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Secure Access to Buildings using RFID Technologies & Video Logging

Researcher: Raj Rajkumar


Secure Access to Buildings using RFID Technologies and Video Logging

Recent developments give RFID technology the power to engulf day-to-day aspects of common life. The emergence of globally standardized frequencies and protocols, coupled with the rapidly declining cost of hardware, make RFID a technology that will pervade many aspects of modern life.  It is widely accepted that current applications that work on infra-red bar codes will be completely taken over by RFID.  Similar, secure access via RFID is a much more user-friendly authentication mechanism as compared to magnetic swipe cards (e.g. as currently used at CMU). Meanwhile, digital cameras and storage systems are increasingly becoming cheaper and more sophisticated.  The goal of this proposed project is to build on our earlier effort called RFMaster with previous CyLab support to prototype a scalable tracking, logging and notification system for people and objects built using RFID, digital cameras and storage technologies. The system is aimed at enabling access to physical spaces such as buildings and rooms across campuses, corporate offices and warehouses. 

System Design

The system comprises of the following subsystems:

  • Tracking System for People and Objects: This is the primary application of our system. It enables the tracking of people and objects such that an administrator (such as the police) can get information like the last known location of a particular piece of inventory. Privacy issues are paramount; only a suitably authorized person, such as one’s secretary but not any student, can access the current location of a faculty member.  But even he/she will not be allowed to know the information at a frequency higher than a system-specified threshold.
  • Secure Access to the Building and RFID-driven video monitoring: The system allows secure access to entry/exit points and allows only authorized personnel to enter/exit those points. A video clip centered around the access event is also normally recorded and can be viewed later in case of suspected theft, or potential entry by unauthorized personnel.   It must be noted that the video camera(s) at the access point is always turned on, but the clip is (by default) stored only centered on any attempted authorization event.  Such a policy maximizes the number of clips that can be stored in the system.   However, other policies that record only if authentication fails or in the event of any suspicious activity are also possible.  An example of the latter case is when the presence of unauthorized entries are suspected.  The system can also be configured to enable recording at certain frame-rates and resolution during specified times of the day, week or year when security may be lax or people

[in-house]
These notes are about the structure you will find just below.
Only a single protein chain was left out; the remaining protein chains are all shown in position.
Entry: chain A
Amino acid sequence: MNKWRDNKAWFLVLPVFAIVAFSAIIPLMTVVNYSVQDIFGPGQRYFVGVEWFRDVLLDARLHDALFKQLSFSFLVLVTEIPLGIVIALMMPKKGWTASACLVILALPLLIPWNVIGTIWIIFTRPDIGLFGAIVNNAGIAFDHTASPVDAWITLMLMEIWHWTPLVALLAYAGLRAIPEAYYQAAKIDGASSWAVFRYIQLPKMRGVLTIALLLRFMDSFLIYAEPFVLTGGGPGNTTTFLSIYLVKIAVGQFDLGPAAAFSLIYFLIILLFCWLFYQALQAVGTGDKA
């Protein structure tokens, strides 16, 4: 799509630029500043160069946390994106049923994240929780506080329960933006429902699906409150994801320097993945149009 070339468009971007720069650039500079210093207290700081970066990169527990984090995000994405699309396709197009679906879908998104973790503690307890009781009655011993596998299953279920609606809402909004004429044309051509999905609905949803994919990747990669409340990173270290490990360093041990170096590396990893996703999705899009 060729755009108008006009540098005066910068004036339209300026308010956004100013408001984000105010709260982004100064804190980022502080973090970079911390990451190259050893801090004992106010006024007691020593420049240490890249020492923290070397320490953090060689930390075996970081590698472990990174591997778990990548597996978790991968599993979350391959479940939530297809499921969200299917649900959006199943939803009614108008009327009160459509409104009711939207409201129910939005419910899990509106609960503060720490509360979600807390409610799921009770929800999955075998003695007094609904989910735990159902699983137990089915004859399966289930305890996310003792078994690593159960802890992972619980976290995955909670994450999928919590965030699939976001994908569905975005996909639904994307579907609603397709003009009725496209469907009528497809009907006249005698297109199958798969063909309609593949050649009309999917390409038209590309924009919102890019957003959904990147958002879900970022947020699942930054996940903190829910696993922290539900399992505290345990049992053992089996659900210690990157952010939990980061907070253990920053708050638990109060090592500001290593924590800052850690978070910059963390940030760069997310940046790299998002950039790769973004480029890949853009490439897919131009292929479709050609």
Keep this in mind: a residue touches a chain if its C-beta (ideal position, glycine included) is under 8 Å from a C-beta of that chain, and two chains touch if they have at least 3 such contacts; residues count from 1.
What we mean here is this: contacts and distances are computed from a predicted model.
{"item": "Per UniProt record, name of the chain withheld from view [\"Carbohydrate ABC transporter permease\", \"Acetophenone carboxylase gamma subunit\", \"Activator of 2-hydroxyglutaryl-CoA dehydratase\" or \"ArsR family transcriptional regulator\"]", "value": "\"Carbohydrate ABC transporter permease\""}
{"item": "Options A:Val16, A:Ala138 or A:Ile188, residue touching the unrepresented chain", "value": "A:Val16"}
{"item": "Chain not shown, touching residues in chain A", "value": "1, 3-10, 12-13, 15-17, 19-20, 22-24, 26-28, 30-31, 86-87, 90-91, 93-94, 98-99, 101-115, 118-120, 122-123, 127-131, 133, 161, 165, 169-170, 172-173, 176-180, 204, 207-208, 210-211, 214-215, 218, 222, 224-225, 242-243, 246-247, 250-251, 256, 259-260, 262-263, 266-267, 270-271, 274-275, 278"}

• Tag-Writing Utility: The system will support a GUI utility which lets the administrator write new tags for new users joining the system or for inventory items.

The overall system design is given below.  The RFID readers will include both short-range and medium-range readers, the former for tracking people and the latter for tracking objects. and will be able to handle the presence of multiple tags at the same time.  We also plan to extend this infrastructure to track people in public environments such as museums where custom information based on their location must be streamed to them.

Past Performance

Version 1.0 of RFMaster which uses only short-range RFID readers is available on the CyLab for download and use by CyLab partners.   We have also participated in CyLab partner meetings including making presentations and posters.   We envision such RFID and camera-based surveillance systems as becoming an integral part of scalable sensor networks which also measure physical variables such as temperature, pressure, light and sense events such as fire.   This latter effort is funded through other non-CyLab projects.

Requested Budget

We request a total budget that supports 1 graduate student, and $10.000 for equipment (RFID medium-range readers each of which costs about $5600 and two PCs).